Hybrid cloud: what’s stuck?

After the cloud, IT providers are now encouraging their customers to move to a hybrid cloud. There would be many advantages in distributing applications, data and their backups between the site and online resources. You just need to replace local equipment with more modern versions designed to work in hybrid mode. But companies aren’t as enthusiastic as suppliers would like.

“A single site or even single cloud approach concentrates risk and does not provide the functionality or availability that companies need,” said Felicity March, director of security and resiliency consulting at Kyndry, a former outsourcing arm of IBM.

“Through a hybrid cloud approach, companies gain the ability to change projects faster, redundancy that protects their brand from downtime risks, and even possible optimization of their investments,” she adds.

In her opinion, the main barrier to multi-site deployment is the fear that companies will be even more overwhelmed by the management of multiple equipment and IT solutions from different vendors. “On the contrary, IT vendors are working to technically unify hybrid architectures to provide the cohesion, security, and resiliency that businesses need,” she promises.

Cloud or data center, but not both

Paul Stapley, a Logicalis consultant, does not have exactly the same analysis. He wants to believe that companies are now very mature in their transition to the cloud. “The initial excitement has subsided. We are now using the cloud more intelligently. Companies no longer sign up for a proposal until they ask themselves how much effort it will require on their part and how relevant the project is. »

He notes, in particular, that companies very quickly succumbed to the price realities of the cloud: according to a study conducted by Flexera, 25% of companies exceed their cloud budget before the end of the year, and 39% plan to increase next year.

“Companies have finally realized that the complexity of the cloud basically means knowing how to invest much more strategically — in talent, in rewriting applications, in building environments. Often it even means finding a way to move away from investments already made in the cloud,” he says.

In this context of investment, Stapley argues that security considerations alone justify propagating the same applications and the same data between the data center and the cloud.

“Getting out of the cloud and back on-premises is not a good sign from a management standpoint,” he says. “The maturity of the cloud inspires a certain amount of confidence. The age-old security issues that were justified three or four years ago are no longer justified. The cloud is a real source of innovation, and this is its great advantage. »

According to him, customers today prefer to update their projects bit by bit instead of choosing a hybrid solution. In short: Gradually migrate your existing data center to the cloud, rather than replacing its hardware early on with hybrid cloud-capable hardware. Moreover, they are often sold by subscription.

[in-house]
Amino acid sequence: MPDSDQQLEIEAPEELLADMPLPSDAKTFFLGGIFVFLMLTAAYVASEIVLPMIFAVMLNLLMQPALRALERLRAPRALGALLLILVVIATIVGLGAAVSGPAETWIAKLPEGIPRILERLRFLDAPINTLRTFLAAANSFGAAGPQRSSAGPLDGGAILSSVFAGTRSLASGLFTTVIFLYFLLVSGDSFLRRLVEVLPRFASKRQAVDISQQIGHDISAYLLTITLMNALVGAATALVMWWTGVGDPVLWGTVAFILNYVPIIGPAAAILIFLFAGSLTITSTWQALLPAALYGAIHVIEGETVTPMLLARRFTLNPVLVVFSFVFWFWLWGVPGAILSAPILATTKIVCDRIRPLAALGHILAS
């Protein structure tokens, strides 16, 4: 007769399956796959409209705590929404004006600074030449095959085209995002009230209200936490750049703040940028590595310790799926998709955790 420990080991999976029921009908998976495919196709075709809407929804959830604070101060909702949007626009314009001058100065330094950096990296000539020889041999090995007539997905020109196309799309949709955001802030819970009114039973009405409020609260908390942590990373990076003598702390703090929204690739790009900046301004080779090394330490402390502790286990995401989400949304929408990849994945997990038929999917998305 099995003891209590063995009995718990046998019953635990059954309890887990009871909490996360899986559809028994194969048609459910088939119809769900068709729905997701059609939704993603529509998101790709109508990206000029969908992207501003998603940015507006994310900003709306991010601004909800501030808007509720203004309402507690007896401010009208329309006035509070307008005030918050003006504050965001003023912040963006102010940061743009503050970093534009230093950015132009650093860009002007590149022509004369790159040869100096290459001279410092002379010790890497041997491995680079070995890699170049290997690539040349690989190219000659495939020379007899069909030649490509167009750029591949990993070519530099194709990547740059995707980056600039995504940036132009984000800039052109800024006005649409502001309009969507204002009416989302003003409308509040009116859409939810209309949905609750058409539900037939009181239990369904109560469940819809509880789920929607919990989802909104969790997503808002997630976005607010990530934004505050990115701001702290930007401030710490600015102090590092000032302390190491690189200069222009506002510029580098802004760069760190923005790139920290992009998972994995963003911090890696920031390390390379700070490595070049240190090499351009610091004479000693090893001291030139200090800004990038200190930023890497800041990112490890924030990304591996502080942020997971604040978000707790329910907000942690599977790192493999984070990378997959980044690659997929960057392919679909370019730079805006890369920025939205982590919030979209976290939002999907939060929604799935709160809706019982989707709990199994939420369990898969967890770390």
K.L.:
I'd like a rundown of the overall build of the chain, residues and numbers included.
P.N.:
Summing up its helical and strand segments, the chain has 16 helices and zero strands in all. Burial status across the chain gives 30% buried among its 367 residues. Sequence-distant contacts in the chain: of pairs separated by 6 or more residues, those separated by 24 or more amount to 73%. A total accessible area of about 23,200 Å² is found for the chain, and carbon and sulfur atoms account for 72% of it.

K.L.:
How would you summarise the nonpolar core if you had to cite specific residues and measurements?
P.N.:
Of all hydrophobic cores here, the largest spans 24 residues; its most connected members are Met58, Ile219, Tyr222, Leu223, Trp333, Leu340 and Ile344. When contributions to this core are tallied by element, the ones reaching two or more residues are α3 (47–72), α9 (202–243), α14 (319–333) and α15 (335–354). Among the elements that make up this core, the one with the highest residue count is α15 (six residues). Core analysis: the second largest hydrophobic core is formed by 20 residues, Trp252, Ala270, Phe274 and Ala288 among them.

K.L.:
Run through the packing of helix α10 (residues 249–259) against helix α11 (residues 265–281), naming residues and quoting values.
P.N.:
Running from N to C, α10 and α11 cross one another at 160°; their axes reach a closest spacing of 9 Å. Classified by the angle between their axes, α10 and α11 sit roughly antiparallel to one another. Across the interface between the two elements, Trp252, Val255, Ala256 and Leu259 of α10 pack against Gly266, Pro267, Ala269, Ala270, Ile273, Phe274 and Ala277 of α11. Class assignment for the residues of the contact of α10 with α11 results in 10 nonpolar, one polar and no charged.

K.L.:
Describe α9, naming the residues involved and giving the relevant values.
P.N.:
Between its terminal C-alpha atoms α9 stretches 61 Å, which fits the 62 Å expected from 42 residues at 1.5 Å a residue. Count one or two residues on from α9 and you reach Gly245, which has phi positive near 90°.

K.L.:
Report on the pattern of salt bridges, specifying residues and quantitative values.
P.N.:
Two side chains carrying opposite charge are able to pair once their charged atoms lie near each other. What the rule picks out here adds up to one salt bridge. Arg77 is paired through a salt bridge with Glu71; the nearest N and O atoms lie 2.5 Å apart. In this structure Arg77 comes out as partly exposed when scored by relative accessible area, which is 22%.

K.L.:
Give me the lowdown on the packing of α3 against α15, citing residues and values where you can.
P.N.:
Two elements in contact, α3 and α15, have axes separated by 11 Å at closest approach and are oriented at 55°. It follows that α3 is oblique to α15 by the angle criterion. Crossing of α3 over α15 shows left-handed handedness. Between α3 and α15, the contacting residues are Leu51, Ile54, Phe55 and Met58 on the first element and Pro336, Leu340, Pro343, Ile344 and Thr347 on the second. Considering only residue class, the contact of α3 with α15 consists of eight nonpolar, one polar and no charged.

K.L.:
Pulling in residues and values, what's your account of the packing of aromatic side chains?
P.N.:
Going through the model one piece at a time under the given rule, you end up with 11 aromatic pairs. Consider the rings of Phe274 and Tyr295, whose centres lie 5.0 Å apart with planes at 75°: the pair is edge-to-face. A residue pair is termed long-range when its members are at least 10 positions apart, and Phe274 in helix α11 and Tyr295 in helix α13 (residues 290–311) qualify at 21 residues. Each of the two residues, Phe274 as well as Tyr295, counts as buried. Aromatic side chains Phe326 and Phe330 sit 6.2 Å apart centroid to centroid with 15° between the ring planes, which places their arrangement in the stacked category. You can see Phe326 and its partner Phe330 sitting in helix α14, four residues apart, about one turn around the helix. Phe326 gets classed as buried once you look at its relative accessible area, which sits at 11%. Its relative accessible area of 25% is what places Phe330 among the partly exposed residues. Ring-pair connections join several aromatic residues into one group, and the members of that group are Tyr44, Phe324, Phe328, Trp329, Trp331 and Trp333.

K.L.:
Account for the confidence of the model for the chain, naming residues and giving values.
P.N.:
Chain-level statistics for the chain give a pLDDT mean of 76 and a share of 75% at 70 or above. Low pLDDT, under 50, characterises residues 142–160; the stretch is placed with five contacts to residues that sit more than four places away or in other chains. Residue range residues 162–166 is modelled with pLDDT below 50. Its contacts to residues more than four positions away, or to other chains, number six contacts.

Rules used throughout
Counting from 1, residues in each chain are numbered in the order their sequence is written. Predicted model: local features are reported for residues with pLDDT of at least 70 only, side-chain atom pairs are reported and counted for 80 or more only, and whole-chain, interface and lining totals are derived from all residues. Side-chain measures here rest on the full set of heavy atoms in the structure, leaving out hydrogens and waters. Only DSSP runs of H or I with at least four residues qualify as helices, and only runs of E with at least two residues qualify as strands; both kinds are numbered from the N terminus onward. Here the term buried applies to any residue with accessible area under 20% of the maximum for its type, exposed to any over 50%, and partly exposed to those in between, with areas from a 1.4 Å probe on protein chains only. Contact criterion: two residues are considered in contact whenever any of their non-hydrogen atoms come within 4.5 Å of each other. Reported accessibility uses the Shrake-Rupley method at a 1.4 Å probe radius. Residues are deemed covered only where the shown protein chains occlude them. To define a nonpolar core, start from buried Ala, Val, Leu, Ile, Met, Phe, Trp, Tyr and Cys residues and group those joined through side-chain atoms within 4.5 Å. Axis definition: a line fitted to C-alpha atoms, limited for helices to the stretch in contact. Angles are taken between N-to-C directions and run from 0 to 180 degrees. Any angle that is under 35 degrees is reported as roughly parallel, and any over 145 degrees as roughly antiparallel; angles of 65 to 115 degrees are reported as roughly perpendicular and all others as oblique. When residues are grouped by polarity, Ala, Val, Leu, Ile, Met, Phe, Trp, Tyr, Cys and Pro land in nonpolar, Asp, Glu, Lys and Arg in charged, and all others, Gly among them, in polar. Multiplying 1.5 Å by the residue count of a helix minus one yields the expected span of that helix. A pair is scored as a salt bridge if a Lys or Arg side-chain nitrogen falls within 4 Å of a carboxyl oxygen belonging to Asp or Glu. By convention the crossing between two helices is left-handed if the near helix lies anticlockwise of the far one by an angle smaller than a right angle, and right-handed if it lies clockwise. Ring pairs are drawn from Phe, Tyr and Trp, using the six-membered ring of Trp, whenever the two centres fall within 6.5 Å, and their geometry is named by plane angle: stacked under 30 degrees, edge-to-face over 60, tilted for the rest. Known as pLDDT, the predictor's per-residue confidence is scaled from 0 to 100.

“No one wants to give up their investment in data centers to follow the new economic models! Companies want their IT to evolve to be more and more environmentally compliant,” he says.

It also debunks arguments that more or less overtly explain that data center hybridization will keep IT staff on site—in hybrid mode, the physical servers would ostensibly benefit from the automated administration capabilities of the cloud.

“New projects of connected objects, contactless computing (“edge”) require service management, event monitoring, security management, data analysis. IT departments never stop fighting and will always need competent internal teams,” he concludes.

Just a matter of difficulty

For Martin Percival, solution architect at Red Hat, the only problem with hybrid cloud is that it’s unclear. “All this is not always easy for clients and they need someone they can trust to guide them. The sector should better explain all possible steps. »

From his point of view, on the one hand, there would be companies that choose a solution for a project type, make it the standard from the very beginning, and then don’t change it anymore, regardless of whether this solution works on site or in the cloud. . And on the other hand, providers are eager to sell them an alternative to the hybrid cloud as soon as there is an excuse to refuse.

“Sometimes you have to be very persuasive to free some companies from trusted vendors or blocked offerings and move them to a hybrid solution that is beautiful and much more profitable,” he notes.

“Therefore, it is better to encourage customers to take a strategic approach, and not just react to problems. Moreover, the hybrid cloud will not prevent them from being in a difficult situation that they did not imagine at the start. »

“Actually, the real problem with hybrid cloud today is that as soon as one aspect of it is simplified, we rush to add a lot of heterogeneous elements before considering how everything goes well in order to be able to work together,” he concludes.

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